There is little doubt that the fewer promoters/shareholders required, the easier the company formation process will be. Accordingly, these Proposed Amendments will be welcomed by the business community in Thailand and may lead to a significant increase in the number of new company registrations, as indeed was the case with the 2008 Amendment.
Quorum Requirements for Shareholders’ Meetings: In line with previous decisions of the Thai courts and rulings by the Department of Business Development and the Council of State, respectively, the Proposed Amendments provide that a minimum of at least two shareholders (or their proxies) must be present at any shareholders’ meeting in order to constitute a quorum.
It should be noted, however, that this “minimum of two shareholders” requirement does not preclude other more complex quorum requirements from being stipulated in the articles of association of a company – as is often the case with joint venture companies who have a majority and a minority shareholder, for example) – so long as the “minimum of two shareholders” requirement is respected at all times. For example, a joint venture company with two groups of shareholders and two classes of shares (Group A and Group B) might stipulate in its articles of association that at least three shareholders must be present in person or by proxy in order to constitute a quorum, including at least two shareholders from Group A and at least one shareholder from Group B. This alternative quorum requirement would be permitted because it satisfies the minimum two shareholder requirement stipulated in the Proposed Amendments.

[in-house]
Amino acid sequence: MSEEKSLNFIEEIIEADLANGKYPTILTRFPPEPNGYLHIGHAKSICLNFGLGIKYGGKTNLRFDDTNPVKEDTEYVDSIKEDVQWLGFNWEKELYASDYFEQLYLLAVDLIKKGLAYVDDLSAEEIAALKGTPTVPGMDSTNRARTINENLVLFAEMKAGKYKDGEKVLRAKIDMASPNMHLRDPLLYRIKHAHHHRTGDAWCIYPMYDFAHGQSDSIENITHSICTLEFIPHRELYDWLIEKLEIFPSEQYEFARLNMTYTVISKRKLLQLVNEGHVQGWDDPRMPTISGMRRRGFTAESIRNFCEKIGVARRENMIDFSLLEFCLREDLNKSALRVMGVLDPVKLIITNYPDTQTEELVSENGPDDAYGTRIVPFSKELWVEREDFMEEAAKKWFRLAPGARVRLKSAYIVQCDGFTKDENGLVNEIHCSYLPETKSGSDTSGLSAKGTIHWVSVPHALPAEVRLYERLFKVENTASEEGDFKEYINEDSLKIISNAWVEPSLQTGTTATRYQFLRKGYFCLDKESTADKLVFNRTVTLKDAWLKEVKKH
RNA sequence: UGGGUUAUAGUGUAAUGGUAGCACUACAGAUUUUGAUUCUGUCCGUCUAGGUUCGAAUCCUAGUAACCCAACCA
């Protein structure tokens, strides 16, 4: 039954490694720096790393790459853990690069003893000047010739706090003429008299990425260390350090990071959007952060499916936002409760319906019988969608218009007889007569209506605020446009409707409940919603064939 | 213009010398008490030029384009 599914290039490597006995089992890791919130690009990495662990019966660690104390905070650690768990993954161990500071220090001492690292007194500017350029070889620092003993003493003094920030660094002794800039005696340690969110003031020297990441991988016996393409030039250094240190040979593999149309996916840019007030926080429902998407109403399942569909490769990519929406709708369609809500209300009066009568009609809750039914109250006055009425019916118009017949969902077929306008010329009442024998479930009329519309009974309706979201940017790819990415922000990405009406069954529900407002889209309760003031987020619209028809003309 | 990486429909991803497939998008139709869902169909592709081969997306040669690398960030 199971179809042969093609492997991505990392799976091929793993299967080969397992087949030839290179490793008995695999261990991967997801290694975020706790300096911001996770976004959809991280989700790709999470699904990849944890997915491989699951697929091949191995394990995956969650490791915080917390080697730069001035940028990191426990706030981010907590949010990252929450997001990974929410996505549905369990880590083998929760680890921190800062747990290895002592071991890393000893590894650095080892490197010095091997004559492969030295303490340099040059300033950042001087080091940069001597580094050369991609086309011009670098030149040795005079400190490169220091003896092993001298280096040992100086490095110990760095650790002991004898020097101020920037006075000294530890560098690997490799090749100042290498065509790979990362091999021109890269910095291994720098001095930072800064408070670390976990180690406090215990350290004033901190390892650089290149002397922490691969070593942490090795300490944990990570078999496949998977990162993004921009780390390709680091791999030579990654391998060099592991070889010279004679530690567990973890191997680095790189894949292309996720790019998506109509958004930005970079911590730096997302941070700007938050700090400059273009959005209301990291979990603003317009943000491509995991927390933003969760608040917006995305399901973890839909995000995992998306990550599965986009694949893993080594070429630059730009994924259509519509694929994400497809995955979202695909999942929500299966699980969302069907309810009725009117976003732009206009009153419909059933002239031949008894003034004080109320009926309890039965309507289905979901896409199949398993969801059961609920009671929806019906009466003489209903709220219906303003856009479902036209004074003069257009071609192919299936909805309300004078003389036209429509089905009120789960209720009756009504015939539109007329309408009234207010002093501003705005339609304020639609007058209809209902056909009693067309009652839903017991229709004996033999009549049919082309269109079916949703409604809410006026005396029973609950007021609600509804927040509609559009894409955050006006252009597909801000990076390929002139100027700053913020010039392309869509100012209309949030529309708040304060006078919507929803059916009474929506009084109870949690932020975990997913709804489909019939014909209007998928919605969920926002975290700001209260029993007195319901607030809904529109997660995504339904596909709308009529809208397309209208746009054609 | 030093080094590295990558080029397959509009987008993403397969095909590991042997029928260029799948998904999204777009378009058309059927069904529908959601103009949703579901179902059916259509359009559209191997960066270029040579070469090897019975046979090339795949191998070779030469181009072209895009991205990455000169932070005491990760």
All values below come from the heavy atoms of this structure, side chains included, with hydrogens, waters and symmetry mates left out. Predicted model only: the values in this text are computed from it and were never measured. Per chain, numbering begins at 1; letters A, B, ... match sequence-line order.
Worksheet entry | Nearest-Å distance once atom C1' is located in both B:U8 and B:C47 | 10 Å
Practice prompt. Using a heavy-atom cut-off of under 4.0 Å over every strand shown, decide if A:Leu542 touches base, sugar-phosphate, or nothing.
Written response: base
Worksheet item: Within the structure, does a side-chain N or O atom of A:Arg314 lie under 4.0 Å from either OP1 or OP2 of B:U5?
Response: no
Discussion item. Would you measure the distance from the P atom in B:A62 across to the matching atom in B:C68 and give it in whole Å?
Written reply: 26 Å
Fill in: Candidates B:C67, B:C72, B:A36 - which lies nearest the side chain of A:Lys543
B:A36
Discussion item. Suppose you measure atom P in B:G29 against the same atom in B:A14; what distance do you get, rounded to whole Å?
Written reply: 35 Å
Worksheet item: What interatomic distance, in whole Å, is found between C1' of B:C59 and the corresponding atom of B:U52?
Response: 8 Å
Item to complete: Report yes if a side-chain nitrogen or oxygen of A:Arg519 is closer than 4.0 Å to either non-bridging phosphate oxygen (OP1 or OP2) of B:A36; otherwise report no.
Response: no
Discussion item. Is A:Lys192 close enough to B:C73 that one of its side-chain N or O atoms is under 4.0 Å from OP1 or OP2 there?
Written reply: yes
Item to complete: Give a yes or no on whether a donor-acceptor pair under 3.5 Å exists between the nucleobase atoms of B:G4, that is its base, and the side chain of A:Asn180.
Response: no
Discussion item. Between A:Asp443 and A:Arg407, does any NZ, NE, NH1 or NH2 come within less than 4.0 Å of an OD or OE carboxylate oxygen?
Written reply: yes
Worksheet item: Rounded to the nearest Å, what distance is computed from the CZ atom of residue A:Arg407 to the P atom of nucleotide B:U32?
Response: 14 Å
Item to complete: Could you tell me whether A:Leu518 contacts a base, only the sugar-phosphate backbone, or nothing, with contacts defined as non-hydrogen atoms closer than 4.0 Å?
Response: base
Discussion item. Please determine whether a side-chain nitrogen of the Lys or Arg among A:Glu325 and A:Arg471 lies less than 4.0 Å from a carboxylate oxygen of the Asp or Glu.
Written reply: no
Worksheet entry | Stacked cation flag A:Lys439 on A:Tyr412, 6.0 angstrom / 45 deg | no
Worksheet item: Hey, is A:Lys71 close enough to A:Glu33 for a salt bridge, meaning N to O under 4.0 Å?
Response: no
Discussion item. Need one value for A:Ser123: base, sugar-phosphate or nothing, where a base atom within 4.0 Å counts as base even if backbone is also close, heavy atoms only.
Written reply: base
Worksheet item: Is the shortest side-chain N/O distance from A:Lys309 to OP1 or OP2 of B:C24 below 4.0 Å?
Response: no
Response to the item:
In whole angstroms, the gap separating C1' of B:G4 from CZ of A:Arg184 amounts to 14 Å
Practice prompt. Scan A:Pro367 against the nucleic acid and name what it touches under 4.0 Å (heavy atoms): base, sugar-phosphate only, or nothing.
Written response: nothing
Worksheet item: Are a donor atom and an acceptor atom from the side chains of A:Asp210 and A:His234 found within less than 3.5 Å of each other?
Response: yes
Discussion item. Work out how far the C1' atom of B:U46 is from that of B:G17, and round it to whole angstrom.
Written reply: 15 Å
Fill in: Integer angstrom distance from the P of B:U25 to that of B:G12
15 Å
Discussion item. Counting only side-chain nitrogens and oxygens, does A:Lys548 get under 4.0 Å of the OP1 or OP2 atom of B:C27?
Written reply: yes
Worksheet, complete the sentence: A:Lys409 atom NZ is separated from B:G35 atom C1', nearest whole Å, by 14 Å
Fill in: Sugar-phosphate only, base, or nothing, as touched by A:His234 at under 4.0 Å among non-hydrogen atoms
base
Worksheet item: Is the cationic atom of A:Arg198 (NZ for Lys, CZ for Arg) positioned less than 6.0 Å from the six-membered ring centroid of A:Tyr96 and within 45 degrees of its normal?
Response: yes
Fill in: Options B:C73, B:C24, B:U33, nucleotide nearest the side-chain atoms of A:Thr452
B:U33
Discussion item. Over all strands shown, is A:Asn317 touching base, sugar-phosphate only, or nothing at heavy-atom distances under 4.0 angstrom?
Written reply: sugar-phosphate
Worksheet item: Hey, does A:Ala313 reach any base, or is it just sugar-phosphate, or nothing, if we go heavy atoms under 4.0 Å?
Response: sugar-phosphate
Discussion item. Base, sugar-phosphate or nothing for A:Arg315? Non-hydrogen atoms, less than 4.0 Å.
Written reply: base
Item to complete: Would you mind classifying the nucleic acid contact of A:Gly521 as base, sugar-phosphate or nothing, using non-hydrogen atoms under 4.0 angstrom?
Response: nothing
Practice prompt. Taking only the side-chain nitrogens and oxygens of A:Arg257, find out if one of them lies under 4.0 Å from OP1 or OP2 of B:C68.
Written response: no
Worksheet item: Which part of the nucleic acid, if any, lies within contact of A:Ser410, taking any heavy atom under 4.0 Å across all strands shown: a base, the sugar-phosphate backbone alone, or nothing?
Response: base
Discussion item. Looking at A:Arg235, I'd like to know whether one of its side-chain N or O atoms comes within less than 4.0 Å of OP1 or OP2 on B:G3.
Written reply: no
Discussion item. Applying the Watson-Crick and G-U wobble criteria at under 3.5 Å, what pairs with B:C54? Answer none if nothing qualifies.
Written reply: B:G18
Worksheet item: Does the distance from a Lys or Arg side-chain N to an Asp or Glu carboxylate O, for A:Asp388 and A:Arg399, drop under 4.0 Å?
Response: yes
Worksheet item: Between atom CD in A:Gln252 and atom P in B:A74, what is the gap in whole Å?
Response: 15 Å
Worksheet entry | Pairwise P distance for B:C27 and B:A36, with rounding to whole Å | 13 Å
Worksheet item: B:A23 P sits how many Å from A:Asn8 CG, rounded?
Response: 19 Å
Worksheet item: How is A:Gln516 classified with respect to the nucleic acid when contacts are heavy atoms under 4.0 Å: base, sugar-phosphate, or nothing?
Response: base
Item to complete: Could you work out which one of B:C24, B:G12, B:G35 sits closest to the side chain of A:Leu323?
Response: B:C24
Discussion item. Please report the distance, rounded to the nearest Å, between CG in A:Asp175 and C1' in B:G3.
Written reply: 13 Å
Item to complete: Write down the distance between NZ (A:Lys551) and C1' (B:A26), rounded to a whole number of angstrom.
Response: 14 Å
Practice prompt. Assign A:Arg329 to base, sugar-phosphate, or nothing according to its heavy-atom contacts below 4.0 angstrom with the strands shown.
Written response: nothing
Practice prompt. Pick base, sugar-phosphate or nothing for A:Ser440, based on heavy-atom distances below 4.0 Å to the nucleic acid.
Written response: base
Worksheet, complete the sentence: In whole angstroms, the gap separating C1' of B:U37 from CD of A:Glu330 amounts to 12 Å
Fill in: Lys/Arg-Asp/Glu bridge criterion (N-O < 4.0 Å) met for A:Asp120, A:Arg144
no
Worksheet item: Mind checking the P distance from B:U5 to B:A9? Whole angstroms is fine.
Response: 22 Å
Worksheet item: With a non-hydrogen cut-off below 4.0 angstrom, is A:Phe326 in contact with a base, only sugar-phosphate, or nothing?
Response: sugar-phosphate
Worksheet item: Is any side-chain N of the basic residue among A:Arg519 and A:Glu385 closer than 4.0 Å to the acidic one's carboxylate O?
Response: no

Court Ordered Dissolutions: The Proposed Amendment will extend the grounds for dissolution of a company by court order if the number of its shareholders is reduced to one (i.e. a single shareholder). Currently, the CCC provides that a company may be dissolved by court order if the number of its shareholders is less than three. This change has been proposed to reflect the changes to the number of promoters required to form a company (and the minimum number of shareholders that a company must maintain at all times) (see “Company Formation” above).
Period for Payment of Shareholder Dividends: In 2017, the National Council for Peace and Order (the name of the military junta that ruled Thailand from its 2014 coup d’état on 22 May 2014 until 10 July 2019) issued Order No. 21/2017 (the “NCPO Order”) which provided, among other things, that shareholder dividends must be paid within one month from being approved by a company’s shareholders or by its board of directors, as the case may be. Prior to the NCPO Order, there was no timeframe specified for the payment of dividends to a company’s shareholders. Accordingly, this one-month period was implemented to protect the interests of shareholders. The Proposed Amendments will ensure that this one-month payment period is formally enshrined in the CCC.
Dispute Resolution Mechanisms: The NCPO Order also permits a company to include mechanisms in its articles of association for dealing with disputes between its directors and its shareholders. The Proposed Amendment will ensure that this matter is formally enshrined in the CCC.
Penalties: The Proposed Amendments supplement the provisions of the Act Determining Offences to impose penalties on a company for failure to pay shareholder dividends within the specified one-month period and for failure to comply with the notice requirements to call for a shareholders’ meeting in connection with a business merger.
Timing Considerations: As noted above, the Proposed Amendments were approved by the Cabinet on 26 June 2020. They will now be lodged at the National Assembly for consideration and further revision as may be required. In terms of timing, it is anticipated that the Proposed Amendments will become law sometime before the end of 2020 or in the first half of 2021.
For further information about the Proposed Amendments or any other matters relating to Thai corporate law, please contact the authors.